Article 6 of the U.S. Constitution forbids a religious test as a requirement for holding a governmental position: The Senators and Representatives before mentioned, and the Members of the several State Legislatures, and all executive and judicial Officers, both of the United States and of the several States, shall be bound by Oath or Affirmation, to support this Constitution; but no religious Test shall ever be required as a Qualification to any Office or public Trust under the United States.
Twice in February 1788, in the Federalist Nos. 51 and 56, James Madison cited the “no religious test” clause as one of the glories of the new Constitution. In North Carolina the critics of the absence of religious tests were answered by James Iredell, future justice of the U.S. Supreme Court. Religious test laws, Iredell argued, were a vile form of “discrimination”. Their ban was a guarantee in the Constitution of the “principle of religious freedom”. Iredell had no problem with the possibility that “Americans may choose representatives who have no religion at all (Atheists), and that pagans and Moslems may be elected”.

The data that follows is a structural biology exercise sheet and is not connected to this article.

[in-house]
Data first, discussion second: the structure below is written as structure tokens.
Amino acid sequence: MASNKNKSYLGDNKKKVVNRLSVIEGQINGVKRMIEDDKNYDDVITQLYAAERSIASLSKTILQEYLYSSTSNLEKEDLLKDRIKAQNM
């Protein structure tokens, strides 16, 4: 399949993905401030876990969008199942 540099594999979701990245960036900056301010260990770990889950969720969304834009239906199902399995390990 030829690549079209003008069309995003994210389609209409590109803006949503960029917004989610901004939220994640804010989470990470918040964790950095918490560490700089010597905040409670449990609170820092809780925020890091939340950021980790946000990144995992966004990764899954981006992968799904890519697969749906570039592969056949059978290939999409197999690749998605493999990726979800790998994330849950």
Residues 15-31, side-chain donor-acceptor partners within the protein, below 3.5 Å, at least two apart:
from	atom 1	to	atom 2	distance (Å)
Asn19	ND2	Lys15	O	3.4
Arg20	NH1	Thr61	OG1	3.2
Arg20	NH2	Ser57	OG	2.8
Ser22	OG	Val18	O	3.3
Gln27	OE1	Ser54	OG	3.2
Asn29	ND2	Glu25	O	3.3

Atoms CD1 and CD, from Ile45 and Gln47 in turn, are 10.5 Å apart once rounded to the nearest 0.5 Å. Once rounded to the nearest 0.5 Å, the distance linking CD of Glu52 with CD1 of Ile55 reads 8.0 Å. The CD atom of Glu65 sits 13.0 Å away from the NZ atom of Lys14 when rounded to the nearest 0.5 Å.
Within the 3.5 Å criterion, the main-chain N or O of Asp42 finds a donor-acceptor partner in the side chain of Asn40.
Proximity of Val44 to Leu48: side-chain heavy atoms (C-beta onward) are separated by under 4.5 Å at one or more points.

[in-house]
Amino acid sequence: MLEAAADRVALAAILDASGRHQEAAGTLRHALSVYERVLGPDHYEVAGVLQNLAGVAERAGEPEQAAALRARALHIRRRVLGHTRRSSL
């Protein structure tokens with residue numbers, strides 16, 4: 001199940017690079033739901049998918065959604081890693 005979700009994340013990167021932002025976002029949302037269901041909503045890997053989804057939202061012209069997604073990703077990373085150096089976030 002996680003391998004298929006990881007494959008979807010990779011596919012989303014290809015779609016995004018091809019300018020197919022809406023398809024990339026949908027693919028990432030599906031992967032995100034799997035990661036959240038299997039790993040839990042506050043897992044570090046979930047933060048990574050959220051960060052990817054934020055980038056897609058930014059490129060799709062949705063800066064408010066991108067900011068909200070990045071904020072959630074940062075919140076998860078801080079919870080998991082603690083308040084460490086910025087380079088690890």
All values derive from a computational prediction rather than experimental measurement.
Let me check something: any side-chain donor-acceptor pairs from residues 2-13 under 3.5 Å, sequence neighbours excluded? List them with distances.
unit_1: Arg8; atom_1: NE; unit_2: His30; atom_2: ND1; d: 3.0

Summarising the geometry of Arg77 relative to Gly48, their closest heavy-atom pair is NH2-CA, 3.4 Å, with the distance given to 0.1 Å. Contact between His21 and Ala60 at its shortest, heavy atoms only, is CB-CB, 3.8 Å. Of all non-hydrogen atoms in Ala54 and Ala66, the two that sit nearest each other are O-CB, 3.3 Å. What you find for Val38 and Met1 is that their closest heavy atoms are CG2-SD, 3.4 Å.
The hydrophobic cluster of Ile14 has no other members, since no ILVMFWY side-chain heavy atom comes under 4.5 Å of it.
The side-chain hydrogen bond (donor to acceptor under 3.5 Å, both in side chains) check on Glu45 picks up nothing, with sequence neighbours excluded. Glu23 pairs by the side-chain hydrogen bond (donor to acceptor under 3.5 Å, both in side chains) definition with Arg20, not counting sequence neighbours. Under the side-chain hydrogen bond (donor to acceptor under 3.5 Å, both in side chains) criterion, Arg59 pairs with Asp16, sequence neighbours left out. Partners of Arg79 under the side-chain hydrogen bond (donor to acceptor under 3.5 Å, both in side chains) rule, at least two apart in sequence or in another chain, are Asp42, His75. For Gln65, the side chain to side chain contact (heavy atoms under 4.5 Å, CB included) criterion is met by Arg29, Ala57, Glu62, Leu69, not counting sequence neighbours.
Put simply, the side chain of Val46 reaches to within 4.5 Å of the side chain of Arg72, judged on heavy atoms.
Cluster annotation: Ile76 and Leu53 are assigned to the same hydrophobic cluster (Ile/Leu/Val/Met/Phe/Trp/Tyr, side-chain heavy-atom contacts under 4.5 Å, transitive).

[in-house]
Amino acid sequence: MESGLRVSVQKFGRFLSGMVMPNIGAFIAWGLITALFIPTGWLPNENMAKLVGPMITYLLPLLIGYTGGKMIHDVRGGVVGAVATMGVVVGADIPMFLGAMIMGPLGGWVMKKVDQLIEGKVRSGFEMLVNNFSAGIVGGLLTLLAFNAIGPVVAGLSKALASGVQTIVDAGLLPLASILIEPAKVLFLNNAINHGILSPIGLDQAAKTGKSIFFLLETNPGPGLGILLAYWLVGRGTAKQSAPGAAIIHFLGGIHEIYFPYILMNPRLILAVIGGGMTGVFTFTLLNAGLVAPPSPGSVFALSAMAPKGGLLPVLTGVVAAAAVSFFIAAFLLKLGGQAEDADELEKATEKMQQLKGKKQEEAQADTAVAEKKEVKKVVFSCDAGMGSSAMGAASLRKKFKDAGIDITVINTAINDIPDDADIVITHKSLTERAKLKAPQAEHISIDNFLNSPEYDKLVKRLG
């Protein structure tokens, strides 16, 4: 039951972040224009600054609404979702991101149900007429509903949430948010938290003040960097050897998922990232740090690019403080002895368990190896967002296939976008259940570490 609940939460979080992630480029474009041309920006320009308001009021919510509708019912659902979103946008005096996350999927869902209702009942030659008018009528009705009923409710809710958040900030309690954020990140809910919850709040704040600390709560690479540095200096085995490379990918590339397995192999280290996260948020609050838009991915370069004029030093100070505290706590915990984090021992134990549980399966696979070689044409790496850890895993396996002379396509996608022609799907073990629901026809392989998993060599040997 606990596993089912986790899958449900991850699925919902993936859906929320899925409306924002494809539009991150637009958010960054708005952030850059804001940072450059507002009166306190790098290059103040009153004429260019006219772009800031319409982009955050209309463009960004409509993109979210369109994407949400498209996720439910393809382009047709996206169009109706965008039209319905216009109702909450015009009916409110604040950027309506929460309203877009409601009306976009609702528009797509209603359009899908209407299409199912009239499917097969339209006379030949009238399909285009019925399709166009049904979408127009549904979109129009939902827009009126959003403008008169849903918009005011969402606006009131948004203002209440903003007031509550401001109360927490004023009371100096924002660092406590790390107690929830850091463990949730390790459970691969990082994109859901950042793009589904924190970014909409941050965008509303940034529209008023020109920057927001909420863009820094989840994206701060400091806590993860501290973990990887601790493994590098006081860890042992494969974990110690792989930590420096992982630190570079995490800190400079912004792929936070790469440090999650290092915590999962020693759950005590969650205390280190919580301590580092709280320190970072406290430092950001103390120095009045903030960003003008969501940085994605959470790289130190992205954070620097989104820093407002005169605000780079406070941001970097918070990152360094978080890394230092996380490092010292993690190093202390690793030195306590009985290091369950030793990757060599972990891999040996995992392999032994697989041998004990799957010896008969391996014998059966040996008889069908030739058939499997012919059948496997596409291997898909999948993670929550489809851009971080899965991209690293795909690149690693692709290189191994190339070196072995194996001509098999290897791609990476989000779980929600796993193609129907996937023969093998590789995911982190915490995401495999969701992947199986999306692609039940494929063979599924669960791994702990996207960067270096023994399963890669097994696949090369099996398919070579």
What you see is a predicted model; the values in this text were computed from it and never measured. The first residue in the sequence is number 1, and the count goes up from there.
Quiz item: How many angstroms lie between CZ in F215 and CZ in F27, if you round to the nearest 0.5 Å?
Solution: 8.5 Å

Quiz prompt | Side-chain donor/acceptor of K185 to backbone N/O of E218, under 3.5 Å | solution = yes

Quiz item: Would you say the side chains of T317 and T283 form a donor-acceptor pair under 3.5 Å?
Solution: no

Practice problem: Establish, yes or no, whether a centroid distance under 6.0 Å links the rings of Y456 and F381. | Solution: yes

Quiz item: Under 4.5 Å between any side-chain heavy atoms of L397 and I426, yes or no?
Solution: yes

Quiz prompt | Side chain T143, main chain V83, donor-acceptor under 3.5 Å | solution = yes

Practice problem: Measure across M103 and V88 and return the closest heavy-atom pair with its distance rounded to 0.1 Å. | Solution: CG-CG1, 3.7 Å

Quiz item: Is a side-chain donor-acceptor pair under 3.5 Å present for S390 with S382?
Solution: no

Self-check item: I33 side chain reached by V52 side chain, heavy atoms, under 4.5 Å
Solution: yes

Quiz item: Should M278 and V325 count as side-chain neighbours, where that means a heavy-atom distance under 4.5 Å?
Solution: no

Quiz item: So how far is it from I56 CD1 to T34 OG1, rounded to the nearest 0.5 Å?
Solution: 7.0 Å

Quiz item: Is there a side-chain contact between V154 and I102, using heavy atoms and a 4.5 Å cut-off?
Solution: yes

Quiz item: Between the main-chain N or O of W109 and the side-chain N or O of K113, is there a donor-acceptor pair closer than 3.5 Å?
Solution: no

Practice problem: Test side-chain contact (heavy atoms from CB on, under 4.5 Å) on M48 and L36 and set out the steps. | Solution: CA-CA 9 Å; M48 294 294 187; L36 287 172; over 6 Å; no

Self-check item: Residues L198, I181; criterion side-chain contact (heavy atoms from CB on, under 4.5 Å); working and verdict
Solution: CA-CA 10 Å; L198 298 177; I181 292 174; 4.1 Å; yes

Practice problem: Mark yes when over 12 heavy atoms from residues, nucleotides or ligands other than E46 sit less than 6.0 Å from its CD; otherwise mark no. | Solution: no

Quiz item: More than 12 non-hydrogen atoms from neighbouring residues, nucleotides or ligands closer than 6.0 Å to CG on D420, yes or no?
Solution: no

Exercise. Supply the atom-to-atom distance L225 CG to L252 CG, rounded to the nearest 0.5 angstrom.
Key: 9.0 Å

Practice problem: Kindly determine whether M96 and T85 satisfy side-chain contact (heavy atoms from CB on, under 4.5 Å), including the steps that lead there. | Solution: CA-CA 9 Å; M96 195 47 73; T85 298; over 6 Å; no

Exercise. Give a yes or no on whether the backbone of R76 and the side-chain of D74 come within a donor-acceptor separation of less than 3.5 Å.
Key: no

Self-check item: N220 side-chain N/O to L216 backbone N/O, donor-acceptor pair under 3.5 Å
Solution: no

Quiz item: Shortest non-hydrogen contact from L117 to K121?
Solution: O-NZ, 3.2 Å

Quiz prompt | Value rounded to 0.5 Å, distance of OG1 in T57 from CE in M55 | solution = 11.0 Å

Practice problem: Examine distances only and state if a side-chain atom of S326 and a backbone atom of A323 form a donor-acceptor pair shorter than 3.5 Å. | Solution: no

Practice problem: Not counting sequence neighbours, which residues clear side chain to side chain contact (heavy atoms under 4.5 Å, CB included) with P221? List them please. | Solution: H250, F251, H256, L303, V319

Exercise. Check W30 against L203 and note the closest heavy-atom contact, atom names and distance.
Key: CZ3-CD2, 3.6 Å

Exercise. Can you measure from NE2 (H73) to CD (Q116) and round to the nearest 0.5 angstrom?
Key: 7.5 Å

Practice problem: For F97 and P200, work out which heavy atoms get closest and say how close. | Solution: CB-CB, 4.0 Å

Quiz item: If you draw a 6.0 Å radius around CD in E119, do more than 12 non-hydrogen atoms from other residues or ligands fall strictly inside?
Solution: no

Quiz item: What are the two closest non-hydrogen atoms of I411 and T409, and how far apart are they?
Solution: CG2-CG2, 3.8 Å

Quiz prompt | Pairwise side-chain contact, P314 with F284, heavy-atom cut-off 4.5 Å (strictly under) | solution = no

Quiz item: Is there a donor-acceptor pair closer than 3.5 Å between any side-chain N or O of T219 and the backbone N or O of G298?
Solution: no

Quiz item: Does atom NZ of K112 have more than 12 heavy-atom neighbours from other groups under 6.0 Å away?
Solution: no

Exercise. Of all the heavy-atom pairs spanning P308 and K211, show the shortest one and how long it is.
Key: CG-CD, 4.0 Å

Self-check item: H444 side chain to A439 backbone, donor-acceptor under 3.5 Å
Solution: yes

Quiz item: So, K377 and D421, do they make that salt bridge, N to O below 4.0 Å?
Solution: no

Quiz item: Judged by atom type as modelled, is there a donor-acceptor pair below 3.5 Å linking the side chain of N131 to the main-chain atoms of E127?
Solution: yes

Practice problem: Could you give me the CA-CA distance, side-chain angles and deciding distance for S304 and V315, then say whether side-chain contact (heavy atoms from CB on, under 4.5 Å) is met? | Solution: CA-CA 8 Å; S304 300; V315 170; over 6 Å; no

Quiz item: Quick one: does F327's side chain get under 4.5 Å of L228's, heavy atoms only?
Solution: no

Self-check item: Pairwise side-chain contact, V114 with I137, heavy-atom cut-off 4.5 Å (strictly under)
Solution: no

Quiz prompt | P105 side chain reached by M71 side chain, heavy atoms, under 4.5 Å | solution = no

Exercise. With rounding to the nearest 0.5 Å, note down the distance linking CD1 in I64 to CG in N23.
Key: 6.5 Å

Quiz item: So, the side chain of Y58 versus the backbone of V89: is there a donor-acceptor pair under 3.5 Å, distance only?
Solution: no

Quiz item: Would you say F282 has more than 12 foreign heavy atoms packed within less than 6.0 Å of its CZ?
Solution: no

The United States of America is not, in any sense, founded on the Christian religion (Article 11 of The Treaty of Tripoli, 1797 – Signed unanimously by Congress).
Purdue University history professor Frank Lambert writes, “By their actions, the Founding Fathers made clear that their primary concern was religious freedom, not the advancement of a state religion. Individuals, not the government, would define religious faith and practice in the United States. Thus the Founders ensured that in no official sense would America be a Christian Republic. Ten years after the Constitutional Convention ended its work, the country assured the world that the United States was a secular state, and that its negotiations would adhere to the rule of law, not the dictates of the Christian faith. The assurances were contained in the Treaty of Tripoli of 1797 and were intended to allay the fears of the Muslim state by insisting that religion would not govern how the treaty was interpreted and enforced. John Adams and the Senate made clear that the pact was between two sovereign states, not between two religious powers.”
The Treaty of Tripoli was printed in the Philadelphia Gazette and two New York papers, with only scant public dissent, most notably from William Cobbett. At least one member of Adams’ cabinet, Secretary of War James McHenry, is known to have protested the language of article 11 (of the Treaty of Tripoli), before its ratification.
The GOP and Tea Party politicians need to acquaint themselves with the Jefferson Bible and The Godless Constitution: A Moral Defense of the Secular State book by Isaac Kramnick & R. Laurence Moore. David Barton’s The Jefferson Lies: Exposing the Myths You’ve Always Believed About Thomas Jefferson book is full of pseudo-history. Glenn Beck is a Mormon fool who believes in David Barton’s lies. Rick Santorum hates the federal judge (John E. Jones) who ruled in favor of Evolution in Tammy Kitzmiller vs. Dover Area School District (2005).